how to process emotions

processing emotions + a year clean

I was just listening to Joyce Pring’s podcast about processing emotions, and I thought what’s a better way to start this month than getting in touch with our emotional and mental state.

“How do you process your emotions?”

I’ve always been vocal in my blog posts about my mental health and how I can be overly emotional sensitive. Most of the time, I can’t really control it that I can go to the extremes – from hasty decisions to irrational thoughts that lead to self-destructive actions. What comes next is regret and then self-pity. Self-victimization is real, too. I’m still learning how to breathe amidst it.

Last month, I was finally a year clean. I won’t go explicit about the gory details, but it is what it is.

I want to look back on how I used to process emotions before. Do I really process it, or I just buried it inside that everything is now bubbling up? Do I always let my emotions control me? I think… yes.

I was thinking when did my mental health start to deteriorate. As a kid, I would always think, “Would anyone cry if I’m gone?” Such such terrible thoughts. I don’t know why I had that in the first place. It’s not like I lack attention or anything. My parents, even though they are not emotionally nurturing, have always been good. I think this is the part of me that I buried deep that I can no longer find it. These are the emotions that are long gone, but obviously manifesting physically and mentally somehow.

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At young age, we have always told that it’s a phase. It has always been a joke during our teenage years – the emo days. Until you grow up and you realised that you are just really… emo. But then, you don’t talk about it. You repress because no one ‘gets’ it. You resort to bands, books, and whatever medium where you can express yourself without actually talking about what’s inside your head.

But I’m done repressing emotions. It didn’t do me any good. I realised that I am more destructive when I bottle it in, so I cry. I always cry just to release it. I write. I isolate myself.

I isolated myself because I don’t want to be triggered. It is living on the edge. Every single thing is a trigger. I’m so scared that I will snap anytime; that I’ll lose my last string again. And it is no one’s fault that you can’t heal yourself. It is no one’s fault that you take things too personally because you already lost your logic.

In the podcast, it says: “Every action that you have is caused by your emotion.”

It was 2017 when I reached my breaking point. It was 2018 when I thought I already reached the rock bottom a year prior, but it seemed like the rock bottom has another rock bottom. It’s why I was gone for so long. I took a step back from my friends and relatives, my groups and community… everyone.

I was filled with too many emotions that I had to withdraw – completely. Despite knowing there are responsibilities, and that it’s crucial to stay present.

It was so hard to be mentally and emotionally be there for people. How can you be when you know you’re already empty inside? And it’s weird, especially if you used to always being there for others.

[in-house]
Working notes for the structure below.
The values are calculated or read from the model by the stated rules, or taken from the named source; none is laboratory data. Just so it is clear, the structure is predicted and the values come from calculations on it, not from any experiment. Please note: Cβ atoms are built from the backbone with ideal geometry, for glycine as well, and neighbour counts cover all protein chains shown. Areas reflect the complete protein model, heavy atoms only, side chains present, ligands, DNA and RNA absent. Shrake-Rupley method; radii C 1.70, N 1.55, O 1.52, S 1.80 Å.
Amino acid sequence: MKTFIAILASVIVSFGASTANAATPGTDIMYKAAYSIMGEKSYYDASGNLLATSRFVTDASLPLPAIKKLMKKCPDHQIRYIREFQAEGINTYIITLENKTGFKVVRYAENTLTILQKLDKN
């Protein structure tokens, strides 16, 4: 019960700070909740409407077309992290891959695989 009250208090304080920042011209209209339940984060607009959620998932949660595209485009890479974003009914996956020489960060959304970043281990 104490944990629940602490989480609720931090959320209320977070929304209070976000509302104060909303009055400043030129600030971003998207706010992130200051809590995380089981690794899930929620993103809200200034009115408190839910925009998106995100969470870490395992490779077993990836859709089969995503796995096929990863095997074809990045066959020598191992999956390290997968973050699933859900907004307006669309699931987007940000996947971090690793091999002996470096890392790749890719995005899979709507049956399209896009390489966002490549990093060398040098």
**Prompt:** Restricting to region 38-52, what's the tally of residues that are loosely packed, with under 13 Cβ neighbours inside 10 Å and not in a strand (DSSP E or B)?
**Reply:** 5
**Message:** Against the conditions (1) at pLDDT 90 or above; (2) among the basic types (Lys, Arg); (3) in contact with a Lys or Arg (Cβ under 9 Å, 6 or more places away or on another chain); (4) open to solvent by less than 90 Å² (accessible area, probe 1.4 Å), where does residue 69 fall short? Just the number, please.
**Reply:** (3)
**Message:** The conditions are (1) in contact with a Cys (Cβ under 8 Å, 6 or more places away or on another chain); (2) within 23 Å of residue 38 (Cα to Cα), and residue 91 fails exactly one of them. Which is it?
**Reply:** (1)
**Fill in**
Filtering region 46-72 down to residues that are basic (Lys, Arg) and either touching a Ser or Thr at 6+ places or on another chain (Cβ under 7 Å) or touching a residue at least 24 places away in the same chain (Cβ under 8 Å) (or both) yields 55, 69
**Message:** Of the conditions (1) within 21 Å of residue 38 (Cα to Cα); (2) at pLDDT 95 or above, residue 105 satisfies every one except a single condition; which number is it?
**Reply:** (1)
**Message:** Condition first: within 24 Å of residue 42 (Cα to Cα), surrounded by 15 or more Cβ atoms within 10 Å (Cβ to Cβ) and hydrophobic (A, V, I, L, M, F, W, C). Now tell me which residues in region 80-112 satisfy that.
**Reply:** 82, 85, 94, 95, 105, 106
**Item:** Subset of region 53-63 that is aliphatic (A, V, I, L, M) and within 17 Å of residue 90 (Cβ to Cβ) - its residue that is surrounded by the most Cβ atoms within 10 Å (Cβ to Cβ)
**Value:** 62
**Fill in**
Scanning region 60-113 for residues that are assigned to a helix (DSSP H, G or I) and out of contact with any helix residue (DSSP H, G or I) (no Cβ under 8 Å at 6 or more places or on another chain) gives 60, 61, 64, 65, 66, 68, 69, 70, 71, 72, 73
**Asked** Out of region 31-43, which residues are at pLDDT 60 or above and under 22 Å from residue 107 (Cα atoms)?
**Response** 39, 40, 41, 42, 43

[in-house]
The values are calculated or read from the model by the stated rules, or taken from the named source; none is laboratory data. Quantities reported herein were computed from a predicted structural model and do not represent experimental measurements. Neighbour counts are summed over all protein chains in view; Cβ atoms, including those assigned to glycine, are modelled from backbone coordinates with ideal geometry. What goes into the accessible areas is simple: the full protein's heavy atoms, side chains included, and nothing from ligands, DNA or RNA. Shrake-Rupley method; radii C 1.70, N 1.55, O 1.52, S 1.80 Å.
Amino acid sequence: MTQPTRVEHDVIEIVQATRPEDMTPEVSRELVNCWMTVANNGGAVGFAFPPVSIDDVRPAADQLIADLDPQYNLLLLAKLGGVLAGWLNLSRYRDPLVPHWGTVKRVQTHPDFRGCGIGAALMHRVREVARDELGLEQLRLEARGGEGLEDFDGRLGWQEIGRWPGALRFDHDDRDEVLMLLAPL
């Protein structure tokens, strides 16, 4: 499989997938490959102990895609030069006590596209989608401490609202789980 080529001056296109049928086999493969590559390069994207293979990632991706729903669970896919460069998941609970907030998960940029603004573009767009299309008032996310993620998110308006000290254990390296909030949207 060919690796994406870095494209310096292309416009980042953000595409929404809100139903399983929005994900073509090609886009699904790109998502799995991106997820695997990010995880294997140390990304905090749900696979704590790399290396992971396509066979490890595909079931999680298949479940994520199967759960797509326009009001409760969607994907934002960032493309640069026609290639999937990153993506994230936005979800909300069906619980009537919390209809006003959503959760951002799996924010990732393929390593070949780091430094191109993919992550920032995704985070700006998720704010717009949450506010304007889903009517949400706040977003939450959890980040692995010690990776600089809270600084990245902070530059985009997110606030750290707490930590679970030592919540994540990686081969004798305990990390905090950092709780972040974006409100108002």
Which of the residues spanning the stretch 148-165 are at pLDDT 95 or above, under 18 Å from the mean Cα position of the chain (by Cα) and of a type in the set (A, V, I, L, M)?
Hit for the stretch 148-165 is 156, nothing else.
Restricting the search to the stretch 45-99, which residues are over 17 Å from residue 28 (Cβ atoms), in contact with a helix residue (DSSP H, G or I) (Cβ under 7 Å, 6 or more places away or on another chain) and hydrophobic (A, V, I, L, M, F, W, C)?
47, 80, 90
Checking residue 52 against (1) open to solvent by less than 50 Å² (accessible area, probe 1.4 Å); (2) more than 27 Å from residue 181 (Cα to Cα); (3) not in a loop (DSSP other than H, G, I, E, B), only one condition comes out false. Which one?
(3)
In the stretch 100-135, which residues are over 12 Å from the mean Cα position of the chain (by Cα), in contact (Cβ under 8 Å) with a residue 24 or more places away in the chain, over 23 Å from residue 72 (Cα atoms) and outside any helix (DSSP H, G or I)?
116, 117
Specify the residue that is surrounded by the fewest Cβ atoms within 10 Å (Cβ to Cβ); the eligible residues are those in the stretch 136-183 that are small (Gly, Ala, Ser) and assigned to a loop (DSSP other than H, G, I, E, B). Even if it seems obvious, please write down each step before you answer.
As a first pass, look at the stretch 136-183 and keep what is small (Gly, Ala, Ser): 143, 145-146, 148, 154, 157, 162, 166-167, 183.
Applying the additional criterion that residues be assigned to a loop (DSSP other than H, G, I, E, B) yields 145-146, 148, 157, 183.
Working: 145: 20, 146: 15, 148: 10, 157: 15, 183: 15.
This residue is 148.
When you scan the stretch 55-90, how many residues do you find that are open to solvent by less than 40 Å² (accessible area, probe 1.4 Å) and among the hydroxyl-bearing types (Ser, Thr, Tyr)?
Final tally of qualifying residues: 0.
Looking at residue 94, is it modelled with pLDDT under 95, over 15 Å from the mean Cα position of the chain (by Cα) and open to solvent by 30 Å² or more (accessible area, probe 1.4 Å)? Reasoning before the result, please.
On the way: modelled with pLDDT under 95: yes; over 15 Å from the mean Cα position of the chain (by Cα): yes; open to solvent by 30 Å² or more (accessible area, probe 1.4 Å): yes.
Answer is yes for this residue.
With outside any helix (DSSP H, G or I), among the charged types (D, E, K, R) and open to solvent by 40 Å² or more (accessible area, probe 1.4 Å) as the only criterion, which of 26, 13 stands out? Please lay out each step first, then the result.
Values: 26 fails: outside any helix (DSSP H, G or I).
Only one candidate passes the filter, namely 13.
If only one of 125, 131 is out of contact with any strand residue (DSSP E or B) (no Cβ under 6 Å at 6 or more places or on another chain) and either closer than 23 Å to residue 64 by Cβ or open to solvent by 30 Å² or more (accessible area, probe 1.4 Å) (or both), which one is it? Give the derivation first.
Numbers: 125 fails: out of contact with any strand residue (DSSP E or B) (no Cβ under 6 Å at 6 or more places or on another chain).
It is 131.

The thing with isolation is that you forget people as much as they forget you. It is really a lonely place. I’m trying so hard not to go back there. I hope you don’t reach that place. Human connection is important as much as we think otherwise.

In the podcast, it also says that we have two brains. One is the logical one where we think “I’m hungry,” and so the initial thought is to eat. The other brain is the one controlled by our emotions.

I’m still controlled by my emotions at some point, but I’m trying to be more present again.

I started going out, one group at a time.

Just recently, I met up with friends and acquaintances I’ve come to know through 5SOS. I forgot how they served as my solid ground when my home crumbled. I forgot how it made me feel so alive when there were events – either concerts or fan parties. They have so much energy that uplifts me up.

“Processing your emotion is knowing exactly why you are doing it (the action).”

I isolated myself because I’m not proud of the life I live. There is always this desire to prove yourself to others and the fear that you are not setting a good example. But fuck that. I just want to heal.

I’m still finding my way to redeem myself from the fall, and I feel like I’ve been saying that for the last two years without much progress. It’s still progress, though. Right? Trying to do things now, even if it’s not enough yet. At least, something is being done, right? Foundation is the hardest to build.

Healing isn’t linear. I’m writing this now because I know there will be days that I might relapse again. I want to immortalize these thoughts into words so I can have a reminder to myself. I hope that it can be a reminder to you as well – that emotions are fleeting, but our words and actions are not. I hope we can live with less regrets.

Also, I believe that if we can be mindful of our emotions, be in touch with it, we can react in a way that won’t destroy ourselves and others.

To summarize the podcast, this is how you process your emotions.

Break it down:
1.) This was the situation
2.) This was the action
3.) Why did the action happen?

I hope this helps! Don’t shy away from “vulnerability” a.k.a. our emotions. It makes us human. But let’s not be controlled by it either. Let’s try to find the balance. Let’s try to process our emotions healthily. I know it’s hard, but let’s try. Breathe. Happy 1st of August! ✨

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